Although it’s hard to imagine thinking about the next school year when this academic year is barely half over, that’s exactly what families with children entering kindergarten next year are doing as the kindergarten registration process is kicking off in school districts throughout the region.
But getting children ready for kindergarten isn’t something that just begins at registration or even in preschool—it really begins at birth!
By the time a child is three years old, the areas that are foundational for later school success and learning are set. So when thinking about kindergarten readiness it’s important to look at the whole child because there’s much more involved than the child knowing letters, numbers and colors. While those things are important, so too are social-emotional, language, cognitive, literacy and physical development.
Each of these areas is influenced by children’s early experiences with others—including the adults in their lives as well as their peers—and his or her unique personality and learning style.
There are many ways to support infant and toddlers overall development but here are a few things you can do to help launch future success in school.
- It starts with you!
You can help set the stage for your child’s educational success by creating and providing a healthy, safe, supportive, engaging environment from the moment they are born. Parents are the first teachers children have and the bond formed between a child and their parent/caregiver is the most important relationship a child has. In the first three years of life, neural connections are forming at a faster, more efficient rate than in any other time of life. The brain is shaping itself by taking in the experiences of the world and you can help give those experiences to your child.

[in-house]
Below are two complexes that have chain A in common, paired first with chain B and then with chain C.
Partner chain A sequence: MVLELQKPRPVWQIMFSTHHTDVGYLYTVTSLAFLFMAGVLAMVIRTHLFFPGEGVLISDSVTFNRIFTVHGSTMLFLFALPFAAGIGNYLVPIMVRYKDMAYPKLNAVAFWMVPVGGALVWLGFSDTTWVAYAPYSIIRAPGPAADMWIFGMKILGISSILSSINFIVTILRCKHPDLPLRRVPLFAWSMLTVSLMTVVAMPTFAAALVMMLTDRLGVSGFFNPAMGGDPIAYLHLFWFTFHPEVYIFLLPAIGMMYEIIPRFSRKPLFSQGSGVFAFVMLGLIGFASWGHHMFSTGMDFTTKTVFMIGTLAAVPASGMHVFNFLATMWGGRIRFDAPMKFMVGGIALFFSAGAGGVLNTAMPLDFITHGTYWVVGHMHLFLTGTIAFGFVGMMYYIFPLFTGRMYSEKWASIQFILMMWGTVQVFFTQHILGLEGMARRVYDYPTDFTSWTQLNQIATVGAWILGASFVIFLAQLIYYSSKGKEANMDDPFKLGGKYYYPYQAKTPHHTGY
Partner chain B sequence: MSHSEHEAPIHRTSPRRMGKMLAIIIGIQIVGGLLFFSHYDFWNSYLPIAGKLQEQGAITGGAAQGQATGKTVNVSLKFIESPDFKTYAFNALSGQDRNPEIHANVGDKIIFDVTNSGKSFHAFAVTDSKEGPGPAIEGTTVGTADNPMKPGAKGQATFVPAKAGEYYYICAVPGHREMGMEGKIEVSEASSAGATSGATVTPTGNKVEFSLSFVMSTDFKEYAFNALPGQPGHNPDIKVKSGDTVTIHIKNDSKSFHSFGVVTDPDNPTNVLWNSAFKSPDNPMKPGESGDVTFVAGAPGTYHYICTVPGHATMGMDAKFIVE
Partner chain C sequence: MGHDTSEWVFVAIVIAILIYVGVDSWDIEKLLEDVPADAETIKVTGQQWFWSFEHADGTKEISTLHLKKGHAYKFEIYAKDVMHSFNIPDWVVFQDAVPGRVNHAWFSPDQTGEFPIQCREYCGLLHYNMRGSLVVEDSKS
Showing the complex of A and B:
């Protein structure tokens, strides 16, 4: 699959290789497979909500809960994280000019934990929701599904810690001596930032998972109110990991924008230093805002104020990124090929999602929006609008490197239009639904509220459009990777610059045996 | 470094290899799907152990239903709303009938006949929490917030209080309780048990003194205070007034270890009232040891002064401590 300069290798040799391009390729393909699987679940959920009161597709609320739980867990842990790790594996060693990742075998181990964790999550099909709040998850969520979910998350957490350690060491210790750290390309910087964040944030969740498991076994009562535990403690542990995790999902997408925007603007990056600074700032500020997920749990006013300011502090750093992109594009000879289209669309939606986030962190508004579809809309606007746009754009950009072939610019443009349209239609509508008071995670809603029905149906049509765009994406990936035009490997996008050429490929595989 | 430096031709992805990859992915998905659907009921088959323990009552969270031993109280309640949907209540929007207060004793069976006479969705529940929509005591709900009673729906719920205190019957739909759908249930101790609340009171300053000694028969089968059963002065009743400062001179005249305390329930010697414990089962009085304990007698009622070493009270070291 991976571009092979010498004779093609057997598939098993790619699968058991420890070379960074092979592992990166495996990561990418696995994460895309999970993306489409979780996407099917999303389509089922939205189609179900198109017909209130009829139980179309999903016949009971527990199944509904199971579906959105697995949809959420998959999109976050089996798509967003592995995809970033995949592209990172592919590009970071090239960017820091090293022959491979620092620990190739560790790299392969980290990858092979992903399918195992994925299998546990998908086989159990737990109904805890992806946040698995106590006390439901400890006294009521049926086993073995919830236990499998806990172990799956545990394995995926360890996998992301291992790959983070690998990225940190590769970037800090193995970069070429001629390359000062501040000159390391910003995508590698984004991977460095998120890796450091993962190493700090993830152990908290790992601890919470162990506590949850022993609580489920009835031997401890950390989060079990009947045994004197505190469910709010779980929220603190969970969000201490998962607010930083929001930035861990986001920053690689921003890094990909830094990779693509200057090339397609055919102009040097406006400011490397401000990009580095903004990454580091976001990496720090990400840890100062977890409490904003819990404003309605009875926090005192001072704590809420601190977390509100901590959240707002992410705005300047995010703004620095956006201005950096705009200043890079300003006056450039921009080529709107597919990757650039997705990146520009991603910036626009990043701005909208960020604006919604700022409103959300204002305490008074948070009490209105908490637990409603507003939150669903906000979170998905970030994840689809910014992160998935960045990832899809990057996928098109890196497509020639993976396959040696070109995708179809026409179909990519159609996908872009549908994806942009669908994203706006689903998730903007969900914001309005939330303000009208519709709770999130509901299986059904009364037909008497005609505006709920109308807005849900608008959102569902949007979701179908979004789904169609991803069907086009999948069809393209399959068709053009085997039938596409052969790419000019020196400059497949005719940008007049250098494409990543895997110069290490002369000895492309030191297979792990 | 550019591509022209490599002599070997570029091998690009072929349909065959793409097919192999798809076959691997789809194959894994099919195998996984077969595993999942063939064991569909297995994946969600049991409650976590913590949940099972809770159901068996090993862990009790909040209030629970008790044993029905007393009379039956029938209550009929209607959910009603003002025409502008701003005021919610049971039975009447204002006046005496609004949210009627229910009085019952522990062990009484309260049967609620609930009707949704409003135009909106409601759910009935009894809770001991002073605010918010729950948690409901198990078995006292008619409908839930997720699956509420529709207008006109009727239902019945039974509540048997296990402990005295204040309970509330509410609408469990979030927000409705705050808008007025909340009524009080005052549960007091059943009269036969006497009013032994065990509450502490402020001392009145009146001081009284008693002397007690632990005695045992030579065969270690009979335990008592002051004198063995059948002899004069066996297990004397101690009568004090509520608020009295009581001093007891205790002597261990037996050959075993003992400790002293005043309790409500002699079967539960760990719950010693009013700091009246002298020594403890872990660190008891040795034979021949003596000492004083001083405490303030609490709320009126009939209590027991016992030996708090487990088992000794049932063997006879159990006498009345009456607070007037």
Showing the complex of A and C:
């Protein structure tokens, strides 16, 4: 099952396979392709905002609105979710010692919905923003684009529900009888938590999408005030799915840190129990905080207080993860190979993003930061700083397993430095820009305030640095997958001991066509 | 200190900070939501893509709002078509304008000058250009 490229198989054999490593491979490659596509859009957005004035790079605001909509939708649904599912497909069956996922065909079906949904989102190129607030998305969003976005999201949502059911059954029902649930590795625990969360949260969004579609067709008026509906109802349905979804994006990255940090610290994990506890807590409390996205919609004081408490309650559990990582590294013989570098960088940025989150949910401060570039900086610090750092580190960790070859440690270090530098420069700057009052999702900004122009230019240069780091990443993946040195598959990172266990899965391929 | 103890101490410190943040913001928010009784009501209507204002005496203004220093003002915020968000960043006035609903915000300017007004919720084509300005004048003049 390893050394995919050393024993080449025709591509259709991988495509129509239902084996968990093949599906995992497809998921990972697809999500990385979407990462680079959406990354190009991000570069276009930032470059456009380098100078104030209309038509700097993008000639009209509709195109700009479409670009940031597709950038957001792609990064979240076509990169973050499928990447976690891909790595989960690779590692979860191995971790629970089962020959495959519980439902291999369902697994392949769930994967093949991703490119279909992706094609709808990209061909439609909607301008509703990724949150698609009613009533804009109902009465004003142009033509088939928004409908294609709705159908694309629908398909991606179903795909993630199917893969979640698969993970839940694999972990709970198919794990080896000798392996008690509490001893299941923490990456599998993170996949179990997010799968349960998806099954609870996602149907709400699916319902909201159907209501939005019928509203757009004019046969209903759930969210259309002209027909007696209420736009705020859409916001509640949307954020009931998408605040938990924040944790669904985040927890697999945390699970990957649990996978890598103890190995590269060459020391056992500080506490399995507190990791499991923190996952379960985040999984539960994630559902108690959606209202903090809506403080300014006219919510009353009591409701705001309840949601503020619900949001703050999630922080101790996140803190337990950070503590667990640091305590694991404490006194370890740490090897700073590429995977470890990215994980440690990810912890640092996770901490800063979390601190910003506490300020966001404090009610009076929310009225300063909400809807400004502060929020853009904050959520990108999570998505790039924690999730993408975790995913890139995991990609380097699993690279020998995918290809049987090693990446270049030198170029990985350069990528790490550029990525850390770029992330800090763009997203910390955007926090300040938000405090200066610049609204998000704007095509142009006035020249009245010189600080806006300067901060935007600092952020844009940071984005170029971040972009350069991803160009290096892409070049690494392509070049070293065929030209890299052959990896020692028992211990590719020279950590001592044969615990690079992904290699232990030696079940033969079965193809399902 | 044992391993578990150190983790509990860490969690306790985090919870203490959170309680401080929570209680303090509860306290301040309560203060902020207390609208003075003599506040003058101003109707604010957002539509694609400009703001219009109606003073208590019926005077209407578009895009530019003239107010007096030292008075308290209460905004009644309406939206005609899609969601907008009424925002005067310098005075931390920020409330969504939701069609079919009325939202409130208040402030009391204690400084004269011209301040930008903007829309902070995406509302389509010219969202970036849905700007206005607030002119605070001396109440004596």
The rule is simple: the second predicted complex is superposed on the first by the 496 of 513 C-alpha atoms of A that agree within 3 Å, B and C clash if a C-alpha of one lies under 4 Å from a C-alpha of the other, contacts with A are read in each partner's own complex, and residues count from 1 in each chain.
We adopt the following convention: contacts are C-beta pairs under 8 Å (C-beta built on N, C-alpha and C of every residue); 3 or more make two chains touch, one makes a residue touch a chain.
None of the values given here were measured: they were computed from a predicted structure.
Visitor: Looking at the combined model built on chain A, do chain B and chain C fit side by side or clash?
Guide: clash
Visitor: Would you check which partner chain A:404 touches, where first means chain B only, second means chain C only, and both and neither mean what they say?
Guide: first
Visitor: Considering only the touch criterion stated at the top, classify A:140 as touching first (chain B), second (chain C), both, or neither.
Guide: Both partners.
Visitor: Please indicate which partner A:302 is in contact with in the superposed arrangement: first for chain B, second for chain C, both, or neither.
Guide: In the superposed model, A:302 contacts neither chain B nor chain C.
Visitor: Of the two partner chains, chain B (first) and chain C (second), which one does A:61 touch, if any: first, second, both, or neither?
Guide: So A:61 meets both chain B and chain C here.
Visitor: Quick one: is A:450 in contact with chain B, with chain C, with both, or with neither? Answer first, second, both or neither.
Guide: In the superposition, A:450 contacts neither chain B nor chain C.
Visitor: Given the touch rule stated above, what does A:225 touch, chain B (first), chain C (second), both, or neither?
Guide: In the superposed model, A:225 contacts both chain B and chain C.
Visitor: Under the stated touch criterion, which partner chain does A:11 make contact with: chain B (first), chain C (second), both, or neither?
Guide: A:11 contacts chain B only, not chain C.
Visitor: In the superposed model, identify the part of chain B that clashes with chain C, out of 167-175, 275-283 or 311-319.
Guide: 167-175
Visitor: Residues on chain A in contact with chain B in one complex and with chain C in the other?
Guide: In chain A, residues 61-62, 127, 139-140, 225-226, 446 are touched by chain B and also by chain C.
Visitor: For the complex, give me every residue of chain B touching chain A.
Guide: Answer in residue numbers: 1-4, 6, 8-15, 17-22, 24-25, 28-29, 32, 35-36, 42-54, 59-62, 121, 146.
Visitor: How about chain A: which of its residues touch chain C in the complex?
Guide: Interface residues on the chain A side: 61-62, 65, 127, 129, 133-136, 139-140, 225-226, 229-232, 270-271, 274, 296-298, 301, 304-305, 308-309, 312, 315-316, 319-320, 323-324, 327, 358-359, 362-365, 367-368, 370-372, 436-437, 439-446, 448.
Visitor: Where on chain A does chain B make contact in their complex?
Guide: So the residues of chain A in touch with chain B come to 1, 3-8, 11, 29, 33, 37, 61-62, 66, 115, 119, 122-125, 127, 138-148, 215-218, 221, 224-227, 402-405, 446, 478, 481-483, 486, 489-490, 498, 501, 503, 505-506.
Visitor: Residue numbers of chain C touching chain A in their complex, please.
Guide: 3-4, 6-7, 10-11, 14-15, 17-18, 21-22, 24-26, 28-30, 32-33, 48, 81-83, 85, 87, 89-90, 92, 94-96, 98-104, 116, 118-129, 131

- Promote good health
Make sure your child eats a healthy diet and takes part in regular wellness visits. These visits gives the pediatrician the opportunity to examine your child and monitor his or her growth and overall health and physical and cognitive development, especially in the areas of motor and speech skills as well as social-emotional.
- Read aloud
Reading aloud to infants and toddlers—even if just for 20 minutes a day—promotes literacy and language skills that will set the foundation for future learning. Children learn to pay attention and associate letter sounds and begin to associate those sounds with words and begin to learn numbers, shapes, colors, etc. This is also a time to cuddle and have some quiet time reinforce the connection between parent and child.
- Encourage play
Play is an essential part of every child’s emotional and physical well-being. Brain neurons are hard at work making connections as an infant plays peek-a-boo or bounces up and down in an ExerSaucer and plays with the interactive toys or when a toddler plays with PlayDoh or builds with blocks. When playing with other children, skills such as problem solving, conflict resolution and creating friendships are built.